The purposes for large perimeter cames are several.
Easy adjustment on site. It is often the case that windows are not totally regular in their dimensions, even though you have taken the measurements carefully. Variations in width and height can be accommodated by shaving the lead in appropriate places. This avoids having to take the panel back to the studio to reduce the size of the glass and put new perimeter came on the panel.
The width of the rebate has an effect on the width of the came to be used. The wider the rebate, the wider came you will want to use. The minimum width of came you want to use with a 10mm wide rebate is 10mm came. This will give a maximum of 2.5 mm of came showing if you have a glazing allowance of 5mm. Often 12 mm came is better. In general the came should be wider than the rebate is, but not so wide that the heart of the lead is outside the rebate. In church windows, where the panels are installed into the stone, the cames are frequently 16mm or 25mm wide to accommodate the variations in width and the flexibility needed to get the panels into the slots.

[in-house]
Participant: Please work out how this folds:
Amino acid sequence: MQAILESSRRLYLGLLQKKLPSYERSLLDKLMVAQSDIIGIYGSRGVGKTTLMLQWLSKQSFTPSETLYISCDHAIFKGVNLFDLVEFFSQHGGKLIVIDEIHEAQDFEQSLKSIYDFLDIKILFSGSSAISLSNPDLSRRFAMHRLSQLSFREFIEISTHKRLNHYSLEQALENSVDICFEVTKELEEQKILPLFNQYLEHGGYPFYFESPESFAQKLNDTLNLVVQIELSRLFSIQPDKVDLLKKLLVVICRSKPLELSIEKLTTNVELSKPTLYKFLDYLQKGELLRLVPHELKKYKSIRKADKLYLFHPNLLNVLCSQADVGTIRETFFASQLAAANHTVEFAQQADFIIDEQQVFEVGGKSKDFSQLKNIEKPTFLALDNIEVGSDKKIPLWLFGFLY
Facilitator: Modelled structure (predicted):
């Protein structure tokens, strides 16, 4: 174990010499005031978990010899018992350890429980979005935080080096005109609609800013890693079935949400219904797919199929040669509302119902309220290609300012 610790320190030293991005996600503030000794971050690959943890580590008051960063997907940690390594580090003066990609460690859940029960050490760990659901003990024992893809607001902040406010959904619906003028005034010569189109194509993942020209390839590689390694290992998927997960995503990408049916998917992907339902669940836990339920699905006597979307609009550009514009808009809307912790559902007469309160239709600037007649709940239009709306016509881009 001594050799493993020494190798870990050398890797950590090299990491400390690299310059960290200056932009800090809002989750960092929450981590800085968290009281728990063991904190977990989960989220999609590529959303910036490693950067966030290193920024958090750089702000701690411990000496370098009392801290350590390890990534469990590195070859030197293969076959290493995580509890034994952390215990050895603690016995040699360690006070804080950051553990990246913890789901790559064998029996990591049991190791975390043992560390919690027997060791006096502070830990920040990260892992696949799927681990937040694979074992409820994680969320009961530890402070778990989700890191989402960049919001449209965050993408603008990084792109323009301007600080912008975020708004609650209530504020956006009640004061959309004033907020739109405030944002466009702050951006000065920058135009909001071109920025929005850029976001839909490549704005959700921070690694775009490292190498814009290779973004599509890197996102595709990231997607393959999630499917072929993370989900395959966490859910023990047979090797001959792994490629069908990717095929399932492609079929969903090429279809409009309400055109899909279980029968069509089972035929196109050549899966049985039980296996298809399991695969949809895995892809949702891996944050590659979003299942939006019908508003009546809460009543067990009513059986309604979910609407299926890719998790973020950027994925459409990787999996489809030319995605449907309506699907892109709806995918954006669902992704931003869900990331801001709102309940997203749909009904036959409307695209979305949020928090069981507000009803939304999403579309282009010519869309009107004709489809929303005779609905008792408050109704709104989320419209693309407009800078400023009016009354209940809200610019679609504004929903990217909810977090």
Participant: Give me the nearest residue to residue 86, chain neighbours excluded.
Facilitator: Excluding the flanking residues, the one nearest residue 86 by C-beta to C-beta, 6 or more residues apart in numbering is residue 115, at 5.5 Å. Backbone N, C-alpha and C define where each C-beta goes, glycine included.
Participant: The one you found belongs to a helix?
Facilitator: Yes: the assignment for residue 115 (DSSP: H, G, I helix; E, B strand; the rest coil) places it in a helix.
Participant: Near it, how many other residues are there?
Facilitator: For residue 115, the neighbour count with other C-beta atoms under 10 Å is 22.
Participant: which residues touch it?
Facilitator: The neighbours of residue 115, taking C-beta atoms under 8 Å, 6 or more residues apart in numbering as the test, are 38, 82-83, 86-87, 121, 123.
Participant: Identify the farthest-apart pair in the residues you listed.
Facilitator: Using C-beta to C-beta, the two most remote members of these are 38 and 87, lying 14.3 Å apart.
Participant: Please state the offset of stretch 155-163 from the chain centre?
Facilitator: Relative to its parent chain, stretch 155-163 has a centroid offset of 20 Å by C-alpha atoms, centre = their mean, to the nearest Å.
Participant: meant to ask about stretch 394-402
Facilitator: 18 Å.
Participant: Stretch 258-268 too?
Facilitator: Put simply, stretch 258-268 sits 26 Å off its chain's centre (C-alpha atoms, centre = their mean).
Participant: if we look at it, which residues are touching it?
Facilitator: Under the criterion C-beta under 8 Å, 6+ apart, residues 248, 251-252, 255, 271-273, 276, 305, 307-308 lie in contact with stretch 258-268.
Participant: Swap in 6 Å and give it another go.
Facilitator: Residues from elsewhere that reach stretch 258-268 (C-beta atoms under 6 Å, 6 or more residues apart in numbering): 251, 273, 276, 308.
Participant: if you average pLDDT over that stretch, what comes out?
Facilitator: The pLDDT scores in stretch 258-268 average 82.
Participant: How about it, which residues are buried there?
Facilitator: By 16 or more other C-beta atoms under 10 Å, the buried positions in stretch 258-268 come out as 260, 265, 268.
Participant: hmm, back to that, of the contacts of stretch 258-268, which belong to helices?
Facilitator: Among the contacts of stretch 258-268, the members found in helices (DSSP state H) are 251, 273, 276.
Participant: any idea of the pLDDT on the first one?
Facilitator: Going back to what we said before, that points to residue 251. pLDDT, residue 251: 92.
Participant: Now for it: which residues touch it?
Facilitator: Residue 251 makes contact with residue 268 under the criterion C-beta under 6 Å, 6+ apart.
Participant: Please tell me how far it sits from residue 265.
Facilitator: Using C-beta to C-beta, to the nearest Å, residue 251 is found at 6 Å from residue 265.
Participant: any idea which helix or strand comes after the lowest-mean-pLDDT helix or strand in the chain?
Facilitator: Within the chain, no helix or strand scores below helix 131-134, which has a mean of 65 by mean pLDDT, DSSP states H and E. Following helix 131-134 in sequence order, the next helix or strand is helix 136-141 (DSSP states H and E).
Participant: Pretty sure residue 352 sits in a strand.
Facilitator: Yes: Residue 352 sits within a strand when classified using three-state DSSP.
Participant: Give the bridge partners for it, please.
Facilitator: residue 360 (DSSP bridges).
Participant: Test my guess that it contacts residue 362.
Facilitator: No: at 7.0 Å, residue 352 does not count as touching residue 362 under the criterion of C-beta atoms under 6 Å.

Aesthetics have an effect on the width of the perimeter came too. Various people want more or less came showing. The important limitation is that the heart of the lead should be within the rebate.
In autonomous panels the need for large edge cames is to act as a framing device. Zinc might be used but there are other possibilities than using a different metal that will provide as good or better solutions.